What Mexico Can Learn from Counterinsurgency Doctrine

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A new study by the RAND Corporation carefully avoids describing the Mexican drug conflict as an insurgency. But, as the report points out, there could be important lessons for Mexico in cases of armed rebellion elsewhere in the region.

There are still voices in U.S. Congress pushing for a counterinsurgency strategy against Mexico’s criminal gangs, despite plenty of arguments·for why the security situation should not be classified in that way.

The debate over the use of “insurgency” is unlikely to die out, especially considering that·President Felipe Calderon himself has warned that the drug gangs are attempting to “replace the state.” But as policy think-tank the RAND Corporation argues, whether Mexico is classified as battling an insurgency or not, the country could do well to adapt some of the same strategies used to defeat insurgents elsewhere.

RAND uses a complex scorecard to classify insurgencies and calculate how likely governments are to be able to defeat them. The think-tank identifies 15 “good” characteristics of government rule which increase chances of success against insurgents, and 12 “bad” factors which makes it likely that insurgents will win or lock the authorities into a stalemate.

According to the RAND scorecard, Mexico has a couple of key characteristics working in its favor. The country is technically a functional democracy, and the security forces are still competent enough to disrupt a wide range of criminal operations. Adding up the numbers, RAND determines that Mexico has six out of the 15 factors which help determine a country’s success in consolidating security.

Using RAND’s measurements, this gives the Mexican government a better chance of “winning” compared to insurgencies like the Nicaraguan revolution, in which guerrilla forces overthrew the corrupt and ineffectual Somoza dictatorship. Mexico is also far stronger than the other country most associated with counterinsurgency doctrine, Afghanistan, which RAND says complies with just two of the 15 characteristics of good governance.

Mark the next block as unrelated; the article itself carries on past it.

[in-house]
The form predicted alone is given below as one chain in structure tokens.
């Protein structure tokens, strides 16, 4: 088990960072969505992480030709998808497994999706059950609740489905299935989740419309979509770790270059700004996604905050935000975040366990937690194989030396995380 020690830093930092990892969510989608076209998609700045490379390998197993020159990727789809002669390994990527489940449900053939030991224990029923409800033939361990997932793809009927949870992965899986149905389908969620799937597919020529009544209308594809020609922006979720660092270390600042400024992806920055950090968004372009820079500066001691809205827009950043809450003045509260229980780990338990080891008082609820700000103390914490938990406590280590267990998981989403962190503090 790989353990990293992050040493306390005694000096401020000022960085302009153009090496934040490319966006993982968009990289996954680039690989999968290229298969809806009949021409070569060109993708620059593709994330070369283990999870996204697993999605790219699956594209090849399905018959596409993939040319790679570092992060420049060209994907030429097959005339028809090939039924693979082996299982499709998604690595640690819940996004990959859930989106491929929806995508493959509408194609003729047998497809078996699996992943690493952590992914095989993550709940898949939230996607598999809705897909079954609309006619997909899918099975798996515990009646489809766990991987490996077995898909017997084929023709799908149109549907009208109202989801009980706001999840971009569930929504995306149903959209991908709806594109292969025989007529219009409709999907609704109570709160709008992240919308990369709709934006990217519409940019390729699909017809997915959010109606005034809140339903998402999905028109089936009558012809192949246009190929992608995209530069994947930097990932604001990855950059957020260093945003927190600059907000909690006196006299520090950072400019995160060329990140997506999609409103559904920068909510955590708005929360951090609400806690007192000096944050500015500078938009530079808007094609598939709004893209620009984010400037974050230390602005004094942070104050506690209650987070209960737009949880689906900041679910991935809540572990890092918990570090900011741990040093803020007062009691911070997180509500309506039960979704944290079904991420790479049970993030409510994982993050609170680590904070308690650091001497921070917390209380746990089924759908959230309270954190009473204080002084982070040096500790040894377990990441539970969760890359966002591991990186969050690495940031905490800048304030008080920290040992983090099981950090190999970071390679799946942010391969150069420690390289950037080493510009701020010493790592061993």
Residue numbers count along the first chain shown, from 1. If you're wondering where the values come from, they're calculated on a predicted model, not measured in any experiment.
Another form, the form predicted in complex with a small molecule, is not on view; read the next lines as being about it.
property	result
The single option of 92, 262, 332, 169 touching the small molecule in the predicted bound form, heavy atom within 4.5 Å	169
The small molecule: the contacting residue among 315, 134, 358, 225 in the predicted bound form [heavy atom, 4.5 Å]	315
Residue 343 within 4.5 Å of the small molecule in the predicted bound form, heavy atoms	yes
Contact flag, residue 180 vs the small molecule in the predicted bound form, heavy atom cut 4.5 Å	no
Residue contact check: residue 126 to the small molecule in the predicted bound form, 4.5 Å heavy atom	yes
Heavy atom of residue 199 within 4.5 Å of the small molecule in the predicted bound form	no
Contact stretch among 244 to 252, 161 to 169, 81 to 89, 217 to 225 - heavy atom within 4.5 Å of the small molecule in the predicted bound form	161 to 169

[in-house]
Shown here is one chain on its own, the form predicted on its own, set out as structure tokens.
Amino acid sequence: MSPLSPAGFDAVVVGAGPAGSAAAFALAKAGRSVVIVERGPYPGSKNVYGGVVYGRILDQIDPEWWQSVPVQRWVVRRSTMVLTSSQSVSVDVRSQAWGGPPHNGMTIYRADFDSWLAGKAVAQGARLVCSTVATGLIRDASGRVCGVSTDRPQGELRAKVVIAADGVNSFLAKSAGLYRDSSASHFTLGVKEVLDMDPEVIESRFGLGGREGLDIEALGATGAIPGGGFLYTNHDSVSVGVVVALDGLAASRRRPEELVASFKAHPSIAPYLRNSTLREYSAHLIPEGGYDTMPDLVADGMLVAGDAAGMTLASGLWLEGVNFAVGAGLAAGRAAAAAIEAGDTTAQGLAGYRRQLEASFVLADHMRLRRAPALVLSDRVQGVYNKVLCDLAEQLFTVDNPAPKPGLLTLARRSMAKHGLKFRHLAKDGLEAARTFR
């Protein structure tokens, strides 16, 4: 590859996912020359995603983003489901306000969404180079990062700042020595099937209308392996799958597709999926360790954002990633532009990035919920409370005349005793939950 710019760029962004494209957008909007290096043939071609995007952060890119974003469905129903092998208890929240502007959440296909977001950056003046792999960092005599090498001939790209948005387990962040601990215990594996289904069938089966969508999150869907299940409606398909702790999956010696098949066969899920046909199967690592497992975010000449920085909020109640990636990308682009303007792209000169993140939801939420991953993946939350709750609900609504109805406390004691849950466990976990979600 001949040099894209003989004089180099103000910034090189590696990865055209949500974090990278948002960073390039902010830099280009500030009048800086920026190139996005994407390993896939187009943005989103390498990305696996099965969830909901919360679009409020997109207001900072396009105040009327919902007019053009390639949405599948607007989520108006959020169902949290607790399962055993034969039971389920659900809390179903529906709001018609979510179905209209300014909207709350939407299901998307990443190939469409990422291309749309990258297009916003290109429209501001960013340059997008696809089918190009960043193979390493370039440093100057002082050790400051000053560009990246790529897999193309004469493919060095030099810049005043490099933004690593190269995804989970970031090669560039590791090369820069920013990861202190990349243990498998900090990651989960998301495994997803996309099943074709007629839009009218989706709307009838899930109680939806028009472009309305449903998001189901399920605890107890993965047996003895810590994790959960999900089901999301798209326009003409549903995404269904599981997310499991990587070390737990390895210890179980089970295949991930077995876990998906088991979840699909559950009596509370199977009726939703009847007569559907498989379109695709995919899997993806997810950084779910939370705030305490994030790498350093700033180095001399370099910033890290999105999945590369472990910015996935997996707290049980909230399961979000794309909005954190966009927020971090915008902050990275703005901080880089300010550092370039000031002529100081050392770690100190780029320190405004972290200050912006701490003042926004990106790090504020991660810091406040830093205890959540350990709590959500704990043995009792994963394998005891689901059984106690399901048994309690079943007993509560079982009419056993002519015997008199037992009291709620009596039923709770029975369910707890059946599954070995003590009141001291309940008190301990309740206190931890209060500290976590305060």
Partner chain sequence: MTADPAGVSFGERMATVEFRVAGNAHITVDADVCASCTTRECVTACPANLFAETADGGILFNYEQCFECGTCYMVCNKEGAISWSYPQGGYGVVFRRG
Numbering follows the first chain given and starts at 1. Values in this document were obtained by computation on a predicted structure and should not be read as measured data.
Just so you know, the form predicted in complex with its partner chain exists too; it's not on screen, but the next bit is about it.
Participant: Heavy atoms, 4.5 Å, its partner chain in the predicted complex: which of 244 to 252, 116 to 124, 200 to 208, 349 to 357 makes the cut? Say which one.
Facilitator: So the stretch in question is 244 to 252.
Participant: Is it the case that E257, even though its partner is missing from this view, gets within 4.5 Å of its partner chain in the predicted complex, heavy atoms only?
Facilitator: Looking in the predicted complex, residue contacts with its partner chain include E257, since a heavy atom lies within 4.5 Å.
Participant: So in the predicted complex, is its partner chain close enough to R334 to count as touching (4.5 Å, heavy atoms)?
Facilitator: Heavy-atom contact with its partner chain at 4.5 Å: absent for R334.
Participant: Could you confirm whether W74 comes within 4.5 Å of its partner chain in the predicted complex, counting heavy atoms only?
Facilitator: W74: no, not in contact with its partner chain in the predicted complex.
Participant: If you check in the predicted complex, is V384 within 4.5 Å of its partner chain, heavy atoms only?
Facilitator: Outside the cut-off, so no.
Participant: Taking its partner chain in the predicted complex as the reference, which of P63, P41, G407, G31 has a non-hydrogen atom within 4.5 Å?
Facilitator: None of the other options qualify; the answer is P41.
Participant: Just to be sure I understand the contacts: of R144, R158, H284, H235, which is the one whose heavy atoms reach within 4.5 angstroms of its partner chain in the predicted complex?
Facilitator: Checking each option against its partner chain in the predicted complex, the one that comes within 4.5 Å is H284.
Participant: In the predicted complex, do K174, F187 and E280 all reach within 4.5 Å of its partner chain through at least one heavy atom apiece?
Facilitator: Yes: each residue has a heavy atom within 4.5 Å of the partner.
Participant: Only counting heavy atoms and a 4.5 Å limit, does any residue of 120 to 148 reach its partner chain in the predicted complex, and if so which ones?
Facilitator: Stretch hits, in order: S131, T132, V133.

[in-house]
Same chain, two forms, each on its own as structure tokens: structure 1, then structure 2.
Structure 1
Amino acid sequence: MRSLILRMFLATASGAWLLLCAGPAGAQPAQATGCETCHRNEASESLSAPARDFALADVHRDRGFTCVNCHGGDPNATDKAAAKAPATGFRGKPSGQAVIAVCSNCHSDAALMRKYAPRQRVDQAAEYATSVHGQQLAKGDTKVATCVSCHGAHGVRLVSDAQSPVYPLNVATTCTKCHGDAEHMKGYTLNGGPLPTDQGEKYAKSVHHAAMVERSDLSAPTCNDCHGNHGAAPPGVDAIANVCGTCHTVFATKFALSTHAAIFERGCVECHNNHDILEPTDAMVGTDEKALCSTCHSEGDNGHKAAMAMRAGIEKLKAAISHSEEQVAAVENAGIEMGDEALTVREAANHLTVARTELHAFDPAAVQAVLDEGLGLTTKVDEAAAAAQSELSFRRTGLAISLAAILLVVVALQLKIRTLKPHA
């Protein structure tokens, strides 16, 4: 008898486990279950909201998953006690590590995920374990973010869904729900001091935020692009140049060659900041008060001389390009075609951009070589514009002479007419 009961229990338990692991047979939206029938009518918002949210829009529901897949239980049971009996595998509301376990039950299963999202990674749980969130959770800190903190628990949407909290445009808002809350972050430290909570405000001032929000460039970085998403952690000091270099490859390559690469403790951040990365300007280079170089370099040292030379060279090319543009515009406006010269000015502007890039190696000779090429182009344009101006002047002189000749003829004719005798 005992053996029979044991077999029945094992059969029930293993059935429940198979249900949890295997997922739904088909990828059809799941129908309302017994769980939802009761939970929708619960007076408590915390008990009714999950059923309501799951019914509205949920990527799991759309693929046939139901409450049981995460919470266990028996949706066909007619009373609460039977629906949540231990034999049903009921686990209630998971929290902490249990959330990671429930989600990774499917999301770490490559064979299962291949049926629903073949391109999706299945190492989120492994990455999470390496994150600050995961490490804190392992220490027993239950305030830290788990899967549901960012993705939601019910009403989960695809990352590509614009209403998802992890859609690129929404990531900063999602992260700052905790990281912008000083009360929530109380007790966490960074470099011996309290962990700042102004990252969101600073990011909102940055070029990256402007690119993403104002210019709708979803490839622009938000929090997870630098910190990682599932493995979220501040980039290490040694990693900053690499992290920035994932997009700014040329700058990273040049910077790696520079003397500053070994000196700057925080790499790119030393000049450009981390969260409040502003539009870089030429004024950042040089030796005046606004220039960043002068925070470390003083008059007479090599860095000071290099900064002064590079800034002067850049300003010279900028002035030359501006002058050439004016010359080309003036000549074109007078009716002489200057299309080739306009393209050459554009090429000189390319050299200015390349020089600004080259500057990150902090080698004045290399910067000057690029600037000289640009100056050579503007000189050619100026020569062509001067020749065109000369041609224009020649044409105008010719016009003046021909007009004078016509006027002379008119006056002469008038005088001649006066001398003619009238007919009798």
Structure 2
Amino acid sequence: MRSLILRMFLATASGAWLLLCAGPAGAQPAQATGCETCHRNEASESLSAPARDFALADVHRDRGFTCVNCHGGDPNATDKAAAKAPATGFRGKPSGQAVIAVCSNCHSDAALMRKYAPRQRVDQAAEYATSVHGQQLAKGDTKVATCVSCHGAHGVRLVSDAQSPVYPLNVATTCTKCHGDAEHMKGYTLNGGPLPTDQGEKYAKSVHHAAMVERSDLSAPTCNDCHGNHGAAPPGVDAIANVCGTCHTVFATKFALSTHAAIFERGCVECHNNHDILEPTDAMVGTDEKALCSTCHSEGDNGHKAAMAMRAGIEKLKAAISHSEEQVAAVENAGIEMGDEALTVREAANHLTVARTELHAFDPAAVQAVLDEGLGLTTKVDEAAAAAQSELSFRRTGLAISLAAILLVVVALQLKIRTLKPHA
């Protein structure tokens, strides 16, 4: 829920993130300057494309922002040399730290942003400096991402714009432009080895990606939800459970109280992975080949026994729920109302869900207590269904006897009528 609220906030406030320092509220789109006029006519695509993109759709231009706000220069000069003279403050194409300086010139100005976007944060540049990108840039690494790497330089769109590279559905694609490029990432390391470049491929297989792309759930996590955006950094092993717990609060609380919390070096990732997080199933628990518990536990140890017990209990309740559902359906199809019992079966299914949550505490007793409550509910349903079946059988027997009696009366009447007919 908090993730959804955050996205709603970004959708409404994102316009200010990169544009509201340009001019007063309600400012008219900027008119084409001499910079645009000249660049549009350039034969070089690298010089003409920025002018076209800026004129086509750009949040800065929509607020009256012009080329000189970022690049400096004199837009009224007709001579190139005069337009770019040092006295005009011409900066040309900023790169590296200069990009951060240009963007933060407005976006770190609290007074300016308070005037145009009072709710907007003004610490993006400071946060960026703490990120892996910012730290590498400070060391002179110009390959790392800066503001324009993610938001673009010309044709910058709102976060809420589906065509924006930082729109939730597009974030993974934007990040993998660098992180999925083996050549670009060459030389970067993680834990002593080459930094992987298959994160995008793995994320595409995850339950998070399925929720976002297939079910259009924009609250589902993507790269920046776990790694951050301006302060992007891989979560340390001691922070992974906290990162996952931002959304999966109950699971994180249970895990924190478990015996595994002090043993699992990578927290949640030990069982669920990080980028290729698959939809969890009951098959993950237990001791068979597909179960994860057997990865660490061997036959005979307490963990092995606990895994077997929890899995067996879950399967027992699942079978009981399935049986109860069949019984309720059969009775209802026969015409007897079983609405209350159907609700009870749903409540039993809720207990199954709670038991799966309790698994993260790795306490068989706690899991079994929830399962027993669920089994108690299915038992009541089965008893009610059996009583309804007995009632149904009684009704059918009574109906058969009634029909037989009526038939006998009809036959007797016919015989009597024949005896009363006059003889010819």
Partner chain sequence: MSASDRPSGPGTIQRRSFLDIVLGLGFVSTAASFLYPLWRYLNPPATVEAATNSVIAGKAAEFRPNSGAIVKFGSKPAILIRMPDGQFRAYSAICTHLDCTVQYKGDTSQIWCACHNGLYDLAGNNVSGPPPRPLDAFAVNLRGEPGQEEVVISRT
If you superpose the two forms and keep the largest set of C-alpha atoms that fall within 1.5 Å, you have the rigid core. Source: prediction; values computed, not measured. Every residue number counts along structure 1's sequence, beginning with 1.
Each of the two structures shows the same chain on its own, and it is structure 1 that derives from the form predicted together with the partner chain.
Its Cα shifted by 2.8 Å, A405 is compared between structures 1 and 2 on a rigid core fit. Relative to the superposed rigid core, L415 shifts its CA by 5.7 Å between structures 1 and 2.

Strangely, RAND opts not to use Colombia as an example in the study, even though this is the most obvious case of counterinsurgency warfare in Latin America. Neither is the country used as a case study in RAND’s more extensive report on counterinsurgency doctrine, released in 2010.

But even though Mexico has a far stronger government than other insurgency-ridden nations in Asia and Africa, there are still vulnerabilities. RAND identifies a few of the most serious: in many cases, the security forces are perceived as worse than the criminals; additionally, they have failed to react quickly enough to shifts in criminal strategy. Mexico’s criminals are also better trained and, in general terms, have a stronger motivation to fight than the security forces, RAND notes.

Overall, when contrasted to other historical insurgencies, Mexico is squarely in the middle ground. It doesn’t look like Mexico is quite strong enough to definitely win against the criminal gangs and break the cycle of violence. But neither does it look like security conditions will get so bad that rule of law will break down altogether.

The think-tank implies that right now, the Mexican conflict is similar in many ways to the early phases of insurgencies in countries like Peru. In that case, the government at first refused to acknowledge they were confronting a nascent insurgency, and instead treated the situation as a law-enforcement problem. The government’s denial of the seriousness of that problem allowed security to break down to the point that Peru basically entered a state of emergency in the mid-1980s, and much of the public lost faith that the state would win the fight.

In some ways, the danger isn’t that Mexico’s gangs will morph into full-fledged insurgencies akin to Peru’s Shining Path. The real risk is that the public will again lost faith, growing more weary of the conflict and hostile to government forces. The Mexican government needs to be viewed as more legitimate and better able to provide stability and jobs than the criminal gangs are.

To win this fight, It is in Mexico’s interest to adopt more of the characteristics of governments that defeated the insurgencies they face, RAND argues. This includes encouraging development and shying away from a repressive, military approach, which gives the civilian population more incentive to feel like the government forces are as bad or worse than the criminal groups. The Mexican state also has to fight for credibilty. Corruption and lack of unity of effort among the security forces will only mar initiatives to weaken the cartels.

A core tenet of the counterinsurgency doctrine, after all, is building and sustaining government legitimacy. In many ways, this is the real war that Mexico needs to win, not ticking off a list of cartel leaders killed or captured.

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